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The nucleus of a neuron

  1. Apr 16, 2017 #1
    Hi Friends!
    We know that nucleus of neurons remains like a closed blueprint!Is there any evolutionary pressure for cells not to multiply?
    Also in hippocampus they can multiply in only a highly limited number.Why different behaviour in hippocampus?
    Thanks in advance!
     
  2. jcsd
  3. Apr 16, 2017 #2

    BillTre

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    Neurons are (mostly at least) considered to be terminally differentiated cells. This means they turn into neurons and do not divide any more.
    I don't really know why neurons can not divide (normally), but it may be due to their vast and intricate cytoskeleton (including microtubules) that underlies their unusual cell shape and function. Dividing cells would have to remodel all that. The shape and therefore function of the cell would be presumably lost.

    The new cells in the vertebrate hippocampus (and olfactory bulb) are made by non-neuron cells (neuroblasts or neuronal stem cells), which can divide. The resulting preneurons can then migrate to where they will end up and differentiate into neurons. Neuroblasts are only found in certain places in adult animals.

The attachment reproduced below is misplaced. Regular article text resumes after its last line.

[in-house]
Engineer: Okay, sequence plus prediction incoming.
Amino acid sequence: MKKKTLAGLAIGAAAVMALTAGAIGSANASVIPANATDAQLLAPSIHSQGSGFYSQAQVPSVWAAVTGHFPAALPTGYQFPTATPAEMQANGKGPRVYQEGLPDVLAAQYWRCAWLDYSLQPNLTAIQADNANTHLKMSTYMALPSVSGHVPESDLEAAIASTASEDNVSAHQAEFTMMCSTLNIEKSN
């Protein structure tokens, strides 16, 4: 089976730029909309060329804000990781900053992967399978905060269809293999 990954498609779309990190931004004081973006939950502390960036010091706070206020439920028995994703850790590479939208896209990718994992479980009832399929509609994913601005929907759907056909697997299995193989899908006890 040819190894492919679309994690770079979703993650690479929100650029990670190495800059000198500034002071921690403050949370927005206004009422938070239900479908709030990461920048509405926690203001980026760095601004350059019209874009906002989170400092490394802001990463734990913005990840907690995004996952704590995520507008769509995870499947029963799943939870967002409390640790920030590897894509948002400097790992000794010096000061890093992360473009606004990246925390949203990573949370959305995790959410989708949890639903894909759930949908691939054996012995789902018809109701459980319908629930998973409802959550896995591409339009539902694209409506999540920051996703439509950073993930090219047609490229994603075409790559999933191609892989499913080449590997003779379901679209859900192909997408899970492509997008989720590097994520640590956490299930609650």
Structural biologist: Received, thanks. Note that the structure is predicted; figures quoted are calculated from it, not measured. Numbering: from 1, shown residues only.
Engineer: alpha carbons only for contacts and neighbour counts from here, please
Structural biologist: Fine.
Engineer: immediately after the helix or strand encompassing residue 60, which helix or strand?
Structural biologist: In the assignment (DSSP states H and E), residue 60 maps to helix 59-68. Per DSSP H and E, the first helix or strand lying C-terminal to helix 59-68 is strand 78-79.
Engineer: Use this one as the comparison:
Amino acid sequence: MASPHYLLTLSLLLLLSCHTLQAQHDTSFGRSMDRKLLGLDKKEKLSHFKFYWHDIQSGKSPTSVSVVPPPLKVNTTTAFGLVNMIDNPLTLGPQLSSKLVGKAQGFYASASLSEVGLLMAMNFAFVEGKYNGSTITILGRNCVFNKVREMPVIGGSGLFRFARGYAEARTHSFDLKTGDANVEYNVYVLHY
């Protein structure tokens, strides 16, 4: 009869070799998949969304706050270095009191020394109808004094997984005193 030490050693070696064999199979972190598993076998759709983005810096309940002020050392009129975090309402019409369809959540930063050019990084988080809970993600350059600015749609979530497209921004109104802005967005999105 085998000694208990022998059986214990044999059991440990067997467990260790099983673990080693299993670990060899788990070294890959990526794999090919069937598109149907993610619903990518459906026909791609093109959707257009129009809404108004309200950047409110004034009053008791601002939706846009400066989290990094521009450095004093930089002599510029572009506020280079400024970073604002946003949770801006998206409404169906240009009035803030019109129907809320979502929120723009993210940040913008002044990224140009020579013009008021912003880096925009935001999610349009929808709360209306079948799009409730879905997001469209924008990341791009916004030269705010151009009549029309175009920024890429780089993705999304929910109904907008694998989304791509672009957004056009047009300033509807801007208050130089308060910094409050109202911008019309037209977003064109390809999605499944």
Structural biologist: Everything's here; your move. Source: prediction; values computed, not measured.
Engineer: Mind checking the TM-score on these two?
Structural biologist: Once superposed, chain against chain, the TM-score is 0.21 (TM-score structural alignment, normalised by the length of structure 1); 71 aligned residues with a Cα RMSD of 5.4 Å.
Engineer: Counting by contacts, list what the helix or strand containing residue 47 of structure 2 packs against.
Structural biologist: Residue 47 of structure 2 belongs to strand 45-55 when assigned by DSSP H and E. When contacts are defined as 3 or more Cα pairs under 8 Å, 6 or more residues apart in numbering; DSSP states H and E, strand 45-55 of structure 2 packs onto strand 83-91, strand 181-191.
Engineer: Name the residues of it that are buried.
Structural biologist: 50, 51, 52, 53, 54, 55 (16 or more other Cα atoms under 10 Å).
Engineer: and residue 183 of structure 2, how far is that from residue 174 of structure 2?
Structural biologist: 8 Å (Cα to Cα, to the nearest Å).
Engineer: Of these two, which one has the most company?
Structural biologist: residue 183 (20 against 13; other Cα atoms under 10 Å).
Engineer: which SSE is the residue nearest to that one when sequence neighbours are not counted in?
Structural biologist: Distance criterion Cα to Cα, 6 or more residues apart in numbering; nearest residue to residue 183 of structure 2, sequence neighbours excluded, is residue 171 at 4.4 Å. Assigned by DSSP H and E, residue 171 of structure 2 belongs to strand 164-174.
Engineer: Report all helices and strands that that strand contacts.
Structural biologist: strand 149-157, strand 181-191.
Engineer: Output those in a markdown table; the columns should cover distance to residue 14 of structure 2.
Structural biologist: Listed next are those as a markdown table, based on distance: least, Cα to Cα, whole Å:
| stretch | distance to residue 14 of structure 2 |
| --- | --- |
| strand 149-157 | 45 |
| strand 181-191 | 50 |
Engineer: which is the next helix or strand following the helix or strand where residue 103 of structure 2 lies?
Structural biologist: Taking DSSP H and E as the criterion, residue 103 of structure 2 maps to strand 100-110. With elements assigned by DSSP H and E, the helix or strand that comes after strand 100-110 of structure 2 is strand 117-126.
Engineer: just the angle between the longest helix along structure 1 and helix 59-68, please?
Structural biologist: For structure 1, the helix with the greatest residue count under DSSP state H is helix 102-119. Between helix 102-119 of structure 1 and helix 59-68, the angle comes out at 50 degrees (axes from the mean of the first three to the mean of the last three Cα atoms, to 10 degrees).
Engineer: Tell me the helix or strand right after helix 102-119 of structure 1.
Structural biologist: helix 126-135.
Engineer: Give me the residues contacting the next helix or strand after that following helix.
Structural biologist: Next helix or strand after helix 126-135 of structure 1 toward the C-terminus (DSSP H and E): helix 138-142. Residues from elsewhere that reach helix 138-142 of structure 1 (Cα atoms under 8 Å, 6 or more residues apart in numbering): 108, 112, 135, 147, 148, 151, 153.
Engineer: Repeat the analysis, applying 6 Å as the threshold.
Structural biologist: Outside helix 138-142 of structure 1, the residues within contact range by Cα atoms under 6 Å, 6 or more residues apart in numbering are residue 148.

During insect metamorphosis, the nervous system is extensively remodeled (to deal with the vastly different body that results from changing from a (often worm-like) larvae into an adult insect (often with legs and wings). During this many new neurons are formed from neuroblasts that have been kept around in the larvae. Some old neurons are retained and can completely change their shape. These cells are not know to divide. Since this is done during the behaviorally quiescent period of metamorphosis, their temporary loss of function is not detrimental.

    There maybe unusual conditions where neurons might de-differentiate (losing their cell shape) and divide. There were some reports of this in some regeneration conditions, but I believe this turned out to be dividing glia (another non-neuron neural tissue cell type).
     
  4. Apr 16, 2017 #3
    Thanks BillTree!
     
  5. May 6, 2017 #4

    Pythagorean

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    Good post BillTre. I'll just add that their structure is very delicate and their microtubule pathways to the dendritic system are complicated and always reacting to changes in the brain and channel density in the membrane is constantly being rearranged. In terms of evolution, the intricate structure of neurons is what allows for the mechanisms of plasticity and adaptation to occur in nervous systems - cell division would completely disrupt this process.

    Even giving neural cells the basic requirement of rest and maintenance is a difficult task as shutting down neurons would erase their physical memory mechanisms, so organisms with complex nervous systems evolved to sleep. Sleep involves a lot of methodical ways to keep the brain stimulated during unconsciousness, while simultaneously giving groups of neurons a turn to rest intermittently.
     
  6. May 7, 2017 #5
    Thanks Pythagorean!
     
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